“Self-perception in times of post-truth: what can Francis Bacon’s self-portraits tell us about subjectivities in times of selfies?” A lecture by Renata Salecl


In 1970, the neurologist MacDonald Critchley wrote about self-portraits as impostors of sorts, since artists often paint images of themselves which do not resemble how they actually look. In this perception, self-portraiture would be a predecessor of today’s selfies, which are increasingly staged or airbrushed images that have little resemblance to how a person looks in real life.

The lecture will question how the creation and distortion of one’s image goes hand in hand with the neo-liberal perception of subjectivity and how it came to prominence in times of post-truth. Before the emergence of selfies, artists have been in their own way dealing with the question of creation of their self-image. The lecture will first look at Francis Bacon’s self-portraits to analyze distortion of one’s image, after it will question how self-portraits differ from selfies and how Instagram presents a new place to curate one’s life. In conclusion, the lecture will explore the phenomena of the so-called impostor syndrome, the feeling many people experience today that they will be discovered as being fake or that the truth about them being less accomplished than they seem will be revealed.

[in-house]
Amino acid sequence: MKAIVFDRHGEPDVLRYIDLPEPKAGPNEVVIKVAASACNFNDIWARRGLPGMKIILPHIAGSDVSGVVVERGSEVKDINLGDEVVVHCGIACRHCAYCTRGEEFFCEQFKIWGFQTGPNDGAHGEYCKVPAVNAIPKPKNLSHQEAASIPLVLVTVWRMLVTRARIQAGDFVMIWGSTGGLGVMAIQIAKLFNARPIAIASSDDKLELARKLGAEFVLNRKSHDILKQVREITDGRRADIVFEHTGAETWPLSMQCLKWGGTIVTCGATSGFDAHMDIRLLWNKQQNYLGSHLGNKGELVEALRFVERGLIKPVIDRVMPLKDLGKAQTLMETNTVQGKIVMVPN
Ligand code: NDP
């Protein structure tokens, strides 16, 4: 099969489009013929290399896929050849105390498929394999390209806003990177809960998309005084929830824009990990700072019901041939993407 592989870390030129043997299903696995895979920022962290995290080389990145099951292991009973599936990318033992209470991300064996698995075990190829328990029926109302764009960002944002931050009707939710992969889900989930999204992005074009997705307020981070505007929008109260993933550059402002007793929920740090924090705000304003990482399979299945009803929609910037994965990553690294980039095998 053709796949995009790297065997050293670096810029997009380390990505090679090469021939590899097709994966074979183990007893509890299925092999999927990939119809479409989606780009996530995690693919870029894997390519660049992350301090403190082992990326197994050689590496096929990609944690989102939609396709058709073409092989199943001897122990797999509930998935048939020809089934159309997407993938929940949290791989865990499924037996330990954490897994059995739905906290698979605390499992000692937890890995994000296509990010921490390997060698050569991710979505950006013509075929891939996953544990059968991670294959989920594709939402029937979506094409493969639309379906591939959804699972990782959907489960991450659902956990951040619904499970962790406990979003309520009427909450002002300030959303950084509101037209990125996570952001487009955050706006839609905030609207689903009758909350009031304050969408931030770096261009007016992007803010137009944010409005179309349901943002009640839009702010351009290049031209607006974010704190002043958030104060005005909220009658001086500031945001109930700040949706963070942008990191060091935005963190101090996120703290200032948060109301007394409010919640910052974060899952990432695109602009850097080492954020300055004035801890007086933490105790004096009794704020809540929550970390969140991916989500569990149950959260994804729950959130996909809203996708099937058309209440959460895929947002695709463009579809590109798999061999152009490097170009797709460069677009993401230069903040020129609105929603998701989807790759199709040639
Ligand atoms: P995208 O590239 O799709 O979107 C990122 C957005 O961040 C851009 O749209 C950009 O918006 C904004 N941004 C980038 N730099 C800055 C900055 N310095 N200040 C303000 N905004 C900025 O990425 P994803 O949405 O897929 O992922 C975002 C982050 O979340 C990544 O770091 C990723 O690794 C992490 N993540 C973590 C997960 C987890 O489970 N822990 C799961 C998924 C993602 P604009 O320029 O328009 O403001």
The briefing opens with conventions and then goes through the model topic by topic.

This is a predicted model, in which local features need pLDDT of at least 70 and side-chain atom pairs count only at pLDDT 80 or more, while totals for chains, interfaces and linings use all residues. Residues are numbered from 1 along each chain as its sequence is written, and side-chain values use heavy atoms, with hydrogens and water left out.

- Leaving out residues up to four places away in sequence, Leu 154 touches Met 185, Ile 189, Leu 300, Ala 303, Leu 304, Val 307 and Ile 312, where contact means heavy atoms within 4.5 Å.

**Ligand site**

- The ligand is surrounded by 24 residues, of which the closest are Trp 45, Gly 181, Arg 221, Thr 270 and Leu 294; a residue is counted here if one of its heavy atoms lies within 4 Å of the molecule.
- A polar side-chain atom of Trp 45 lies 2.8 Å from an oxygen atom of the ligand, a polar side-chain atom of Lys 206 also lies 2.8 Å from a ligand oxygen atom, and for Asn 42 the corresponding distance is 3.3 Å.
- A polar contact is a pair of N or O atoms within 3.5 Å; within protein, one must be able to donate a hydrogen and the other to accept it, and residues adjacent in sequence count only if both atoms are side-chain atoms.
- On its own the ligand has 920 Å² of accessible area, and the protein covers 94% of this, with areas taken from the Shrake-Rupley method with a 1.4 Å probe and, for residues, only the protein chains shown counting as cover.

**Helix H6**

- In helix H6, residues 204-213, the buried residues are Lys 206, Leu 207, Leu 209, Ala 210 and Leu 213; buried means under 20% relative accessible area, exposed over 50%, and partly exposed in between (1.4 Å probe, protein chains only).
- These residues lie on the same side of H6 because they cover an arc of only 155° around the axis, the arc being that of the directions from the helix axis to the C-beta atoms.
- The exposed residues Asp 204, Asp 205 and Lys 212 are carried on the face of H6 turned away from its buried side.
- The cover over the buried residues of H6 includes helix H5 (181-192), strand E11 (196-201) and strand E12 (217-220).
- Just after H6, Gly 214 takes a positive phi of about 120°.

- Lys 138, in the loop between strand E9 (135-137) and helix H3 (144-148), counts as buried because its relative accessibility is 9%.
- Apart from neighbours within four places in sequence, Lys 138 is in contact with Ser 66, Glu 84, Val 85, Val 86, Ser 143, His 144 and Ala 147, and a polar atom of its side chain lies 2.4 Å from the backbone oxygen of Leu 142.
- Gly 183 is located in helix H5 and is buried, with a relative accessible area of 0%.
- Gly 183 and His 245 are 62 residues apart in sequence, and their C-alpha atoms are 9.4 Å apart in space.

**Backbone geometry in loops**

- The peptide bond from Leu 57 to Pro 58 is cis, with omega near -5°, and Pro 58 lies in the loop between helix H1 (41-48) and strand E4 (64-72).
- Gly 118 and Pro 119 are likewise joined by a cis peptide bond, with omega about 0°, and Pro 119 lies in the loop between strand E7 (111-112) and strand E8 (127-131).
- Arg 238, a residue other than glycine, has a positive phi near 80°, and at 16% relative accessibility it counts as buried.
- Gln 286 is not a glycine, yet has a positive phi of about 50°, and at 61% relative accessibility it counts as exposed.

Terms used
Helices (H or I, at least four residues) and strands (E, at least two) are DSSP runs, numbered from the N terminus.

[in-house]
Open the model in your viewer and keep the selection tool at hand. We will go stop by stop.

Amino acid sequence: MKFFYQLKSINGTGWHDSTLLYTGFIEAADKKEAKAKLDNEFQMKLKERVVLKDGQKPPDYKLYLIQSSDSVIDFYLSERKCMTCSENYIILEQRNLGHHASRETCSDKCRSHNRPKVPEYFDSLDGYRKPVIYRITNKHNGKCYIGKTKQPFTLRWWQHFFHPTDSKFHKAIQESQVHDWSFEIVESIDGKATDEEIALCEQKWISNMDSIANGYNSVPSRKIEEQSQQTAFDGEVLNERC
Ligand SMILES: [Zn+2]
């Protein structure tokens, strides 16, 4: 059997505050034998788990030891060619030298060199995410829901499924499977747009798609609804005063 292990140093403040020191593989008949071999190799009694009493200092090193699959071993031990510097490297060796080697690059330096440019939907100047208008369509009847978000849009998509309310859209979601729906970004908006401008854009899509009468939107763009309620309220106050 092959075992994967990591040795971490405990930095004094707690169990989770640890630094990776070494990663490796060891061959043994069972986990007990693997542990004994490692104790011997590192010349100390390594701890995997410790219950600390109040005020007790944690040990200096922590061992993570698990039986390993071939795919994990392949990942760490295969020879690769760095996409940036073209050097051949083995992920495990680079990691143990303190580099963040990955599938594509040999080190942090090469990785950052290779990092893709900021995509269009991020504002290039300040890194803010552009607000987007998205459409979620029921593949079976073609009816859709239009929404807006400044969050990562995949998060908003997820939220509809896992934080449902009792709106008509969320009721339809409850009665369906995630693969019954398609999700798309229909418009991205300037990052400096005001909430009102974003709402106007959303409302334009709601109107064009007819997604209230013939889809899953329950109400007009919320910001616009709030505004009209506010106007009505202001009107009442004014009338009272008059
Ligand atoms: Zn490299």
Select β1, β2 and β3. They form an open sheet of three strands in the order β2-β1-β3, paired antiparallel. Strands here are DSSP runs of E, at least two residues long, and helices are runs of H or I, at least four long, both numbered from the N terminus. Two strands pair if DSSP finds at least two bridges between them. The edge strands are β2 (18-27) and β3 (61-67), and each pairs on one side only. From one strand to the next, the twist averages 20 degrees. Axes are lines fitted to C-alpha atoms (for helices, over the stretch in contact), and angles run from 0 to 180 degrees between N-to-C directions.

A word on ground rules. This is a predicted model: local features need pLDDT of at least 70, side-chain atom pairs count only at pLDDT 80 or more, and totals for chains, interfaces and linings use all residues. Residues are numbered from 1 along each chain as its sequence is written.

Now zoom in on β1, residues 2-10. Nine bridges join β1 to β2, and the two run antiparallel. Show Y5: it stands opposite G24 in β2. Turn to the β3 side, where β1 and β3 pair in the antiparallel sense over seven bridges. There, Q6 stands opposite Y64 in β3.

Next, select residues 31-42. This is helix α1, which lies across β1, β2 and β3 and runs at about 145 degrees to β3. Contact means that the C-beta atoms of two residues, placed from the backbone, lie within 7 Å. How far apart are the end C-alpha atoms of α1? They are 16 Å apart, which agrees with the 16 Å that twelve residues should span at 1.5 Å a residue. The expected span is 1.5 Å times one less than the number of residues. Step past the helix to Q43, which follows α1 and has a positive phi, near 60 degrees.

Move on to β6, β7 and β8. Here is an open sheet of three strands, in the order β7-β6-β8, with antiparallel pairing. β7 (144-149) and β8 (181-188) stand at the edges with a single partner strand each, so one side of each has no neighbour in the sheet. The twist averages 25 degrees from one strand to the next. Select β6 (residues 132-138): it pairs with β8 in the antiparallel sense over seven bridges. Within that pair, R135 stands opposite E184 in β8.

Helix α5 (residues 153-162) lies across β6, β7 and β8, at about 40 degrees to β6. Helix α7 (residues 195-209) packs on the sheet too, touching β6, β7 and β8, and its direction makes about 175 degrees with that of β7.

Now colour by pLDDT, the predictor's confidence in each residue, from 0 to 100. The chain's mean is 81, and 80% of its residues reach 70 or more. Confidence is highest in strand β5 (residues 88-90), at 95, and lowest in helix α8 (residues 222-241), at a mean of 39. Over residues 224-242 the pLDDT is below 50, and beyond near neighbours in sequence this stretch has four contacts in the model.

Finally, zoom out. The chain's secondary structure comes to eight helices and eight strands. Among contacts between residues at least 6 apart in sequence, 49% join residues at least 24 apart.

Renata Salecl is philosopher and sociologist. She is Professor of Psychology and Psychoanalysis of Law at the School of Law, Birkbeck College, University of London and Senior Researcher at the Institute of Criminology at the faculty of Law in Ljubljana, Slovenia. She is also Recurring Visiting Professor at Cardozo School of Law in New York and at the School of Law and Justice at the Southern Cross University in Australia. Her last book Tyranny of Choice (Profile Books 2011) has been translated into 15 languages and was featured at TED Global. Her previous books include: The Spoils of Freedom: Psychoanalysis and Feminism After the Fall of Socialism (Routledge 1994), (Per)versions of Love and Hate (Verso, 1998), and On Anxiety (Routledge 2004). Her forthcoming books is Passion for Ignorance (Princeton UP, 2020). Salecl has also published numerous articles on contemporary art, among them catalogue essays on Jenny Holzer, Anthony Gormley, and Sarah Sze. (Three of her books are available in  Russian language: (Per)version of Love and Hate; On Anxiety and Tyranny of Choice.)


Free admission with advance registration.

The talk will be delivered in English with simultaneous translation into Russian.